The paper said the general said the number military deserters joining the ranks of organized crime has dropped. Frontera's story.
El Mexicano ran a front-page story on Tuesday expressing a Tijuana business official's concerns about last week's State Department warning about travel to Mexico, and stated incorrectly that the alert had recommended that Americans not travel to Tijuana. The warning actually said, "You should exercise caution in this area, particularly at night." But it did not say that Americans should defer non-essential travel to Tijuana, as it recommended that Americans do for many other areas of Mexico. On Saturday, Tijuana's Frontera newspaper reported incorrectly that the travel warning said U.S. officials should only travel in armored cars in Tijuana. See previous MexicoPerspective story below. El Mexicano's story on Tuesday called last week's State Department alert unfounded. It also quoted Business Coordination Council President Mario Escobedo, who until recently headed the chamber of commerce, as indicating a conspiracy involving California's high unemployment rate was somehow involved in the travel warning. Previous mention of Escobedo.
Carlos Torres of the National Action Party may have lost last year's Tijuana mayoral election to Carlos Bustamante, but the city's representative of the federal Social Development Ministry has more Facebook followers than the Institutional Revolutionary Party mayor, according to an item in Monday's Frontera newspaper. Bustamante, however, has more friends on his personal Facebook page. Torres and Bustamante have the greatest number of followers among Tijuana politicians.
Who will win the PRI nomination for governor in 2013? Former Mayor Jorge Hank Rhon had 7,810 people hit the "I like" button on his public page; Sen. Fernando Castro Trenti reached his limit of 5,000 friends on his Facebook personal page.
Other top PAN Facebook numbers: Federal Deputy and former Tijuana Mayor Francisco Vega has 3,881 friends, while former Mayor Jorge Ramos reached the personal page limit of 5,000. He has 1,634 on his public page.
Federal Deputy Gastón Luken Garza, who won a seat for the PAN but is not a PAN member, reached his limit of 5,000 friends on his personal page and has started a public page.
|Facebook member||"I like" public Facebook page||Personal Facebook page|
|Carlos Torres, representative of Sedesol||11,998||4,339|
|Mayor Carlos Bustamante||9,820||4,771|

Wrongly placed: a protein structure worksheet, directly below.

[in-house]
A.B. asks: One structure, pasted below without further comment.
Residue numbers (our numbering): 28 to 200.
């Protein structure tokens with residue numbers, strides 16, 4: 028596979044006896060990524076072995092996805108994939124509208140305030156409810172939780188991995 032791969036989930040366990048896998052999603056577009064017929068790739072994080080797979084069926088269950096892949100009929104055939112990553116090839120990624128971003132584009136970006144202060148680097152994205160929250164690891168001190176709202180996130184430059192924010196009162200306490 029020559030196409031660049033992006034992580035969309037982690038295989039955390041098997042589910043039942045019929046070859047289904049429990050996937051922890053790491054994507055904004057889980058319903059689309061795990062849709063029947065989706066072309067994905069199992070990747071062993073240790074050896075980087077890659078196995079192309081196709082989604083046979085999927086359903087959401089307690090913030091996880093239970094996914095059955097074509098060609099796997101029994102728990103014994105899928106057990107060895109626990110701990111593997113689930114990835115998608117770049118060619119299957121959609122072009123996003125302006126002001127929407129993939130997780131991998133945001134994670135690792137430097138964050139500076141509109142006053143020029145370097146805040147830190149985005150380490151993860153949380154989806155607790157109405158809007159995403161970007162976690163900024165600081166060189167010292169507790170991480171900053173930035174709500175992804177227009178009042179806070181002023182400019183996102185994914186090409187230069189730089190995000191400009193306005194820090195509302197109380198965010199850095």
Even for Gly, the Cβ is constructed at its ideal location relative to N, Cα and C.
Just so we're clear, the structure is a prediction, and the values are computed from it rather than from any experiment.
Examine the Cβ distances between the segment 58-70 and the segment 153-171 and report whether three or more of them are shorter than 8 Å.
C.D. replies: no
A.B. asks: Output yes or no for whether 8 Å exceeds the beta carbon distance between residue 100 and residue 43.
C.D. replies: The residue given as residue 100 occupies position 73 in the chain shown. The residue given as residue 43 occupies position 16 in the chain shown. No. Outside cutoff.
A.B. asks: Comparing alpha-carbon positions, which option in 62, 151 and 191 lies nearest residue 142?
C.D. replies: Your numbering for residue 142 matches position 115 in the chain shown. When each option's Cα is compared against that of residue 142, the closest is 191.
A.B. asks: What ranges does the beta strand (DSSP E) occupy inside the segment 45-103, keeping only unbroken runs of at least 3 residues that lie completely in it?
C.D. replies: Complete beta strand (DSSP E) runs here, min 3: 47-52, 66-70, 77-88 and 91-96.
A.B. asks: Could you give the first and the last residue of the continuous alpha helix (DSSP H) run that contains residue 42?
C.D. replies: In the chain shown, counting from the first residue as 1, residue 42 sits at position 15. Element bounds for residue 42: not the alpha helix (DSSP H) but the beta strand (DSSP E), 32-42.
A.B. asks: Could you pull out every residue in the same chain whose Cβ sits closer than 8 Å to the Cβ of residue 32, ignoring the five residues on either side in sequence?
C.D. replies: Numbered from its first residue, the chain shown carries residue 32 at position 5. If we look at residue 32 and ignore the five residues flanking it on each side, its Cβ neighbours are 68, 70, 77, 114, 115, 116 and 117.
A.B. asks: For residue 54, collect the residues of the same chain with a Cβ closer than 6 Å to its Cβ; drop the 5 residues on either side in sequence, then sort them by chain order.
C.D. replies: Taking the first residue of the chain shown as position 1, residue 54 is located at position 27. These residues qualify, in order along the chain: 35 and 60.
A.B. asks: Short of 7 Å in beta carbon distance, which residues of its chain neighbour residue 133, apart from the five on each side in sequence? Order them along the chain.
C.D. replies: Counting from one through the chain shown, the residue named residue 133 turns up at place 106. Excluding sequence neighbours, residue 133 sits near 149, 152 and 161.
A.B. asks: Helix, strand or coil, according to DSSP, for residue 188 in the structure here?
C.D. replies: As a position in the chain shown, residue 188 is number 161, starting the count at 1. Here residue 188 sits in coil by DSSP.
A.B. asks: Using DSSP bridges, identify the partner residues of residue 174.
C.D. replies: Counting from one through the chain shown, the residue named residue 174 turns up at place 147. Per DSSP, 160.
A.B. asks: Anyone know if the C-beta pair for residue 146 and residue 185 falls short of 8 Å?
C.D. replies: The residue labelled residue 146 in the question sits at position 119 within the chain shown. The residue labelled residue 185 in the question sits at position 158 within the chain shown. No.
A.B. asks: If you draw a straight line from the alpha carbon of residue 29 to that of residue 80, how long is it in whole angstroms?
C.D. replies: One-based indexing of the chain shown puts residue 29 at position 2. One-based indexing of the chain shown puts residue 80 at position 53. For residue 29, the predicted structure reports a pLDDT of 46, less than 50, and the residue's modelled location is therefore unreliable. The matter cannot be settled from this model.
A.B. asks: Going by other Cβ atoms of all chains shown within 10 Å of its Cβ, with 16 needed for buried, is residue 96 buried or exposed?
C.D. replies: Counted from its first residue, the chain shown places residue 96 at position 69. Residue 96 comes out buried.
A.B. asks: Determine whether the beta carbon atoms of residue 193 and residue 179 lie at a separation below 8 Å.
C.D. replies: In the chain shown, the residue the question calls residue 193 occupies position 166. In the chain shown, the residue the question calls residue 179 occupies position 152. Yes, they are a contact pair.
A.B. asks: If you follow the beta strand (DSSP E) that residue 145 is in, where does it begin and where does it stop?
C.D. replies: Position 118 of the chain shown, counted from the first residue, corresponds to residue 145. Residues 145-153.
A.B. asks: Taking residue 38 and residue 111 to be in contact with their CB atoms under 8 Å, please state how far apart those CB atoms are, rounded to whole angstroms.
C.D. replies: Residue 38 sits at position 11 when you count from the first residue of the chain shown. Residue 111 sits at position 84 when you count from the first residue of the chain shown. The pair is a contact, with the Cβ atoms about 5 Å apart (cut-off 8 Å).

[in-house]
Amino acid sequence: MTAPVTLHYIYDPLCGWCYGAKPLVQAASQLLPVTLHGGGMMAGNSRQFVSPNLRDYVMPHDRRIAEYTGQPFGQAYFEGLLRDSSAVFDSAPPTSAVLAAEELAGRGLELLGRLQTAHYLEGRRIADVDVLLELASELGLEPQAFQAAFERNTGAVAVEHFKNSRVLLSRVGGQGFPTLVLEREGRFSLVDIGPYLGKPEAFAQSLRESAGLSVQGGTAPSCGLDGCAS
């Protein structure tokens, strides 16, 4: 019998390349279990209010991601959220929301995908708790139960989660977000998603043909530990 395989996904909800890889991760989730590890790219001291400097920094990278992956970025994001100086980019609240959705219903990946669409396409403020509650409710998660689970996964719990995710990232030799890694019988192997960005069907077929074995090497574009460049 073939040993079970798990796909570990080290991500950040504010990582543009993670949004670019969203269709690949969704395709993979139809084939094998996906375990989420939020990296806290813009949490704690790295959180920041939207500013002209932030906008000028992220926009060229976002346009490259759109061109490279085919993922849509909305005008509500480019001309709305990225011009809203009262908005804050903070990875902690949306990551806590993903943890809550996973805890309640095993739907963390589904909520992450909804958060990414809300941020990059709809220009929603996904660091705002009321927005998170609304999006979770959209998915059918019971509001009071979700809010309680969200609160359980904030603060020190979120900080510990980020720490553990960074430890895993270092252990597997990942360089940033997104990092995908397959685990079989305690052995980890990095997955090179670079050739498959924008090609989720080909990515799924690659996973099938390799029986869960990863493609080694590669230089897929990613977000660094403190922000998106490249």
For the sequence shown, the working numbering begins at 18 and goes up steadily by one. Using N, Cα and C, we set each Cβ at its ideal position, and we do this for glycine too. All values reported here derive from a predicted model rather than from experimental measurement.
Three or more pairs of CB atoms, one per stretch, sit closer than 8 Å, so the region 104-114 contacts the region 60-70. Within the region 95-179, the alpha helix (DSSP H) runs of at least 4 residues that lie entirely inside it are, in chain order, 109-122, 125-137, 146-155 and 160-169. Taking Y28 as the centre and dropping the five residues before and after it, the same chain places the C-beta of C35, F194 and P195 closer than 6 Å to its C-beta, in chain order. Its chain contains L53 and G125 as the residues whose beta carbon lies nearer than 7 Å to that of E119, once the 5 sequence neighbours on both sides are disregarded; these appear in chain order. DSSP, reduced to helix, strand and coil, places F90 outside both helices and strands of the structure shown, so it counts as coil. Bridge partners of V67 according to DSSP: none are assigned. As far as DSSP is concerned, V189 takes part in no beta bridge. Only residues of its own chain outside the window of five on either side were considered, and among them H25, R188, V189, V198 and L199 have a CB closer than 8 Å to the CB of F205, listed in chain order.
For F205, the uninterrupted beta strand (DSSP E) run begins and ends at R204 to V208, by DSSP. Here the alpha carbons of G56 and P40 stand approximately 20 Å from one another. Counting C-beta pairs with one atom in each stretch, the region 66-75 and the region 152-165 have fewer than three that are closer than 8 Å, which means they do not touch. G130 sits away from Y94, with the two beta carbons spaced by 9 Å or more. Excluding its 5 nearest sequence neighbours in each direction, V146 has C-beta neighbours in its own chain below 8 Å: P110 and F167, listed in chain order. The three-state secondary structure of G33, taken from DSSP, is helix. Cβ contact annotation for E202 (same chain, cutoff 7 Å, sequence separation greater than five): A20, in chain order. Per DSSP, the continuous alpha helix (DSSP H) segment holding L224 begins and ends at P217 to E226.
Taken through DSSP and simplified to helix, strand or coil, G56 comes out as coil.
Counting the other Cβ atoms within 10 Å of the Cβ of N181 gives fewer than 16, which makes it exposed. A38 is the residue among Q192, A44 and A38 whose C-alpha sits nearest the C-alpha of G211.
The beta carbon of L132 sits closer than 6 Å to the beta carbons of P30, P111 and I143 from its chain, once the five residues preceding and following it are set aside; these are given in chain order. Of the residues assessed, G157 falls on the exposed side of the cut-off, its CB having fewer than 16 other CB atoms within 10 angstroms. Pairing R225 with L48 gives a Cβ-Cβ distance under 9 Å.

|Former Mayor Jorge Hank Rhon||7,810|
|Sen. Fernando Castro Trenti||5,000|
|Deputy Gastón Luken Garza||5,000|
|Deputy and former Mayor Francisco Vega||3,881|
|Former Mayor Jorge Ramos||1,634||5,000|
Ignacio Calderón wrote a farewell column in Frontera on Friday, saying he would be devoting his energies as an outside consultant to the Instituto Metropolitano de Planeación del Ayuntamiento de Tijuana (the city of Tijuana's Metropolitan Planning Institute). He said the objective of the project will be "that Tijuana does not remake itself every three years and can establish true long-term planning in this little piece of Mexico." In Tijuana, like in almost all cities in Mexico, mayors and council members can only serve three-year terms with no re-election. This lack of continuity has curtailed long-term planning and stunted cities; mayors often say that by the time they figure out the lay of the land, they are into their third year and have switched to thinking about what their next job will be. Calderón wrote for the paper for 12 years. He said the price "of participating in the modernization of my city" was the column; he said he would not want to be in the position of using his column for partisan purposes. Calderón's column.
Most of the 17,685 prisoners in Baja California come from outside the state, Frontera newspaper reported. About 55.4% are from other states, with the most out-of-state prisoners (12.8%) coming from Sinaloa. Frontera also reported on a U.S. Government Accountability Office report that said Mexicans make up 68% of the 51,000 foreign prisoners in the United States.
|Percentage of prisoners in Baja California|